This is a report of a case of congenital tricuspid valve disease presenting with heart failure and pulmonary hypertension. Cardinal clinical features include breathlessness, easy fatigability since childhood, stunted growth, cyanosis, finger clubbing, a pansystolic murmur loudest at the left sternal edge in the fourth intercostal ...

  7. Cardiac Complications of Fukuyama-Type Congenital Muscular Dystrophy

    Directory of Open Access Journals (Sweden)

    J Gordon Millichap

    2006-07-01

    Full Text Available The course of left ventricular function was evaluated using M-mode and Doppler echocardiography in 34 patients with Fukuyama-type congenital muscular dystrophy (FCMD, in a study at the Tokyo Women’s Medical University, Tokyo, Japan.

  8. Cardiac Findings in Congenital Nephrotic Syndrome

    Directory of Open Access Journals (Sweden)

    Shamsi Ghaffari

    2011-08-01

    Full Text Available Introduction: Congenital nephrotic syndrome is a severe debilitating problem associated with extra renal manifestation such as diverse cardiac findings. Methods: During four years 6 cases diagnosed as congenital nephritic syndrome in base of definitive criteria their documents reviewed and echocardiographic evaluation has been done for all with or with-out cardiac sign or symptoms, results gathered and expressed as incidence. Results: All cases have some grades of structural or functional defects from simple form like as tricus-pid regurgitation to complex defects. It may be run in consecutively in siblings of a family from non consanguine parents. Conclusion: Pulmonary stenosis may occur in all parts subvalvualr, valvular and peripheral parts of pulmonary artery, left ventricular hypertrophy and mitral regurgitation observed in some, moderate tricuspid regurgitation observed in half of cases due to pulmonary hypertension or right ventricular hypertrophy due to pulmonary stenosis.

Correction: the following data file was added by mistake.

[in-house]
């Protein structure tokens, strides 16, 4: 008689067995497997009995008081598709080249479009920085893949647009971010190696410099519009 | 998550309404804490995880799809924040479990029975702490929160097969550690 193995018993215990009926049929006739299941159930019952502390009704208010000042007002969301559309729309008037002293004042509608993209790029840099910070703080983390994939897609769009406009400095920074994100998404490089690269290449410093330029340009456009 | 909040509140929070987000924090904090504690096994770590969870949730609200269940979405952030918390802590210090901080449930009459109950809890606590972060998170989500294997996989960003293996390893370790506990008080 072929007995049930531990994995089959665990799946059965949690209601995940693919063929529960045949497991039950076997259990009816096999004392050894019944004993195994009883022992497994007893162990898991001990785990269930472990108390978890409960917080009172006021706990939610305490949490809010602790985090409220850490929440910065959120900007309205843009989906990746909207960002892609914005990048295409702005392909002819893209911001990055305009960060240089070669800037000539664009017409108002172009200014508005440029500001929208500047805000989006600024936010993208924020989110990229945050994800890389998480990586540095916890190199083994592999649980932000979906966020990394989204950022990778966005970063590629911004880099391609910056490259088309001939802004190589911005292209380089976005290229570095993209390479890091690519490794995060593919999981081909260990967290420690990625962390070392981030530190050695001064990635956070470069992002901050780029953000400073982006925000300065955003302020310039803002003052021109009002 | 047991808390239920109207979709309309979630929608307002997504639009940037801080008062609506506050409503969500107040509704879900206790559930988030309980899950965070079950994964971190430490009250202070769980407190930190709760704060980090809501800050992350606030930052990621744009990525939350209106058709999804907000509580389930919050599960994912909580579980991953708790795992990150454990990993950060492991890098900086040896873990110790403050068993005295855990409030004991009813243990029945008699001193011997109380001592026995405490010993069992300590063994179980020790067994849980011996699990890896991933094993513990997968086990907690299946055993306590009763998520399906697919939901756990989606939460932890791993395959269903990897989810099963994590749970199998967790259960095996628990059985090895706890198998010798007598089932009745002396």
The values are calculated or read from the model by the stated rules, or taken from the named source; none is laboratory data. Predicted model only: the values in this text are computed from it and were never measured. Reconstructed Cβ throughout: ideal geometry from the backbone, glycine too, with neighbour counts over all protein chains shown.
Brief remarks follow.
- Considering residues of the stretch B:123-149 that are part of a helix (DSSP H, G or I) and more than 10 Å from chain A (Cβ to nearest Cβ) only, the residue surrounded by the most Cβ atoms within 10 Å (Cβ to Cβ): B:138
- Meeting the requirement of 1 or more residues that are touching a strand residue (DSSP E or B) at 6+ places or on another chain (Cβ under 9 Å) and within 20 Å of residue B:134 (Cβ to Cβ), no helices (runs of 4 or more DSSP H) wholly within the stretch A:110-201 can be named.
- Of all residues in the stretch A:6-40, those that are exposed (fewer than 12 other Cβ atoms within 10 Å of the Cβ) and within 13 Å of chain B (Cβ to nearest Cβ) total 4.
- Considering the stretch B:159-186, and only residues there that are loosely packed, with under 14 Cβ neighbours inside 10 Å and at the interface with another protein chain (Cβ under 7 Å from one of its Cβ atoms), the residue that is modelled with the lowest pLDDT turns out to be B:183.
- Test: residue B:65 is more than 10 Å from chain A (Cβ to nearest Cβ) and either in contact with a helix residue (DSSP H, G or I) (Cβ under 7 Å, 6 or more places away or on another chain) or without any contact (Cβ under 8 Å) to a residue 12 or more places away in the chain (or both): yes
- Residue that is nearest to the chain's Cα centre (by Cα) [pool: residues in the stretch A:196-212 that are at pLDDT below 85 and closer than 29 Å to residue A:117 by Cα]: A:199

9. Cardiac Findings in Congenital Nephrotic Syndrome

    Science.gov (United States)

    Malaki, Majid; Ghaffari, Shamsi; Ghaffari, Samad; Rastkar, Bahaman; Goldust, Mohammad; Malaki, Pouya; Sahar, Behnam

    2011-01-01

    Introduction Congenital nephrotic syndrome is a severe debilitating problem associated with extra renal manifestation such as diverse cardiac findings. Methods During four years, 6 cases diagnosed as congenital nephritic syndrome in base of definitive criteria their documents reviewed and echocardiographic evaluation has been done for all with or without cardiac sign or symptoms, results gathered and expressed as incidence. Results All cases have some grades of structural or functional defects from simple form like as tricuspid regurgitation to complex defects. It may be run in consecutively in siblings of a family from non consanguine parents. Conclusion Pulmonary stenosis may occur in all parts subvalvualr, valvular and peripheral parts of pulmonary artery, left ventricular hypertrophy and mitral regurgitation observed in some, moderate tricuspid regurgitation observed in half of cases due to pulmonary hypertension or right ventricular hypertrophy due to pulmonary stenosis. PMID:24250960

  10. [Clinical case--voluminous diaphragmatic hernia--surgically acute abdomen: diagnostic and therapeutical challenges].

    Science.gov (United States)

    Dumitrescu, D; Savlovschi, C; Borcan, R; Pantu, H; Serban, D; Gradinaru, S; Smarandache, G; Trotea, T; Branescu, C; Musat, L; Comandasu, M; Priboi, M; Baldir, M; Sandolache, B; Oprescu, S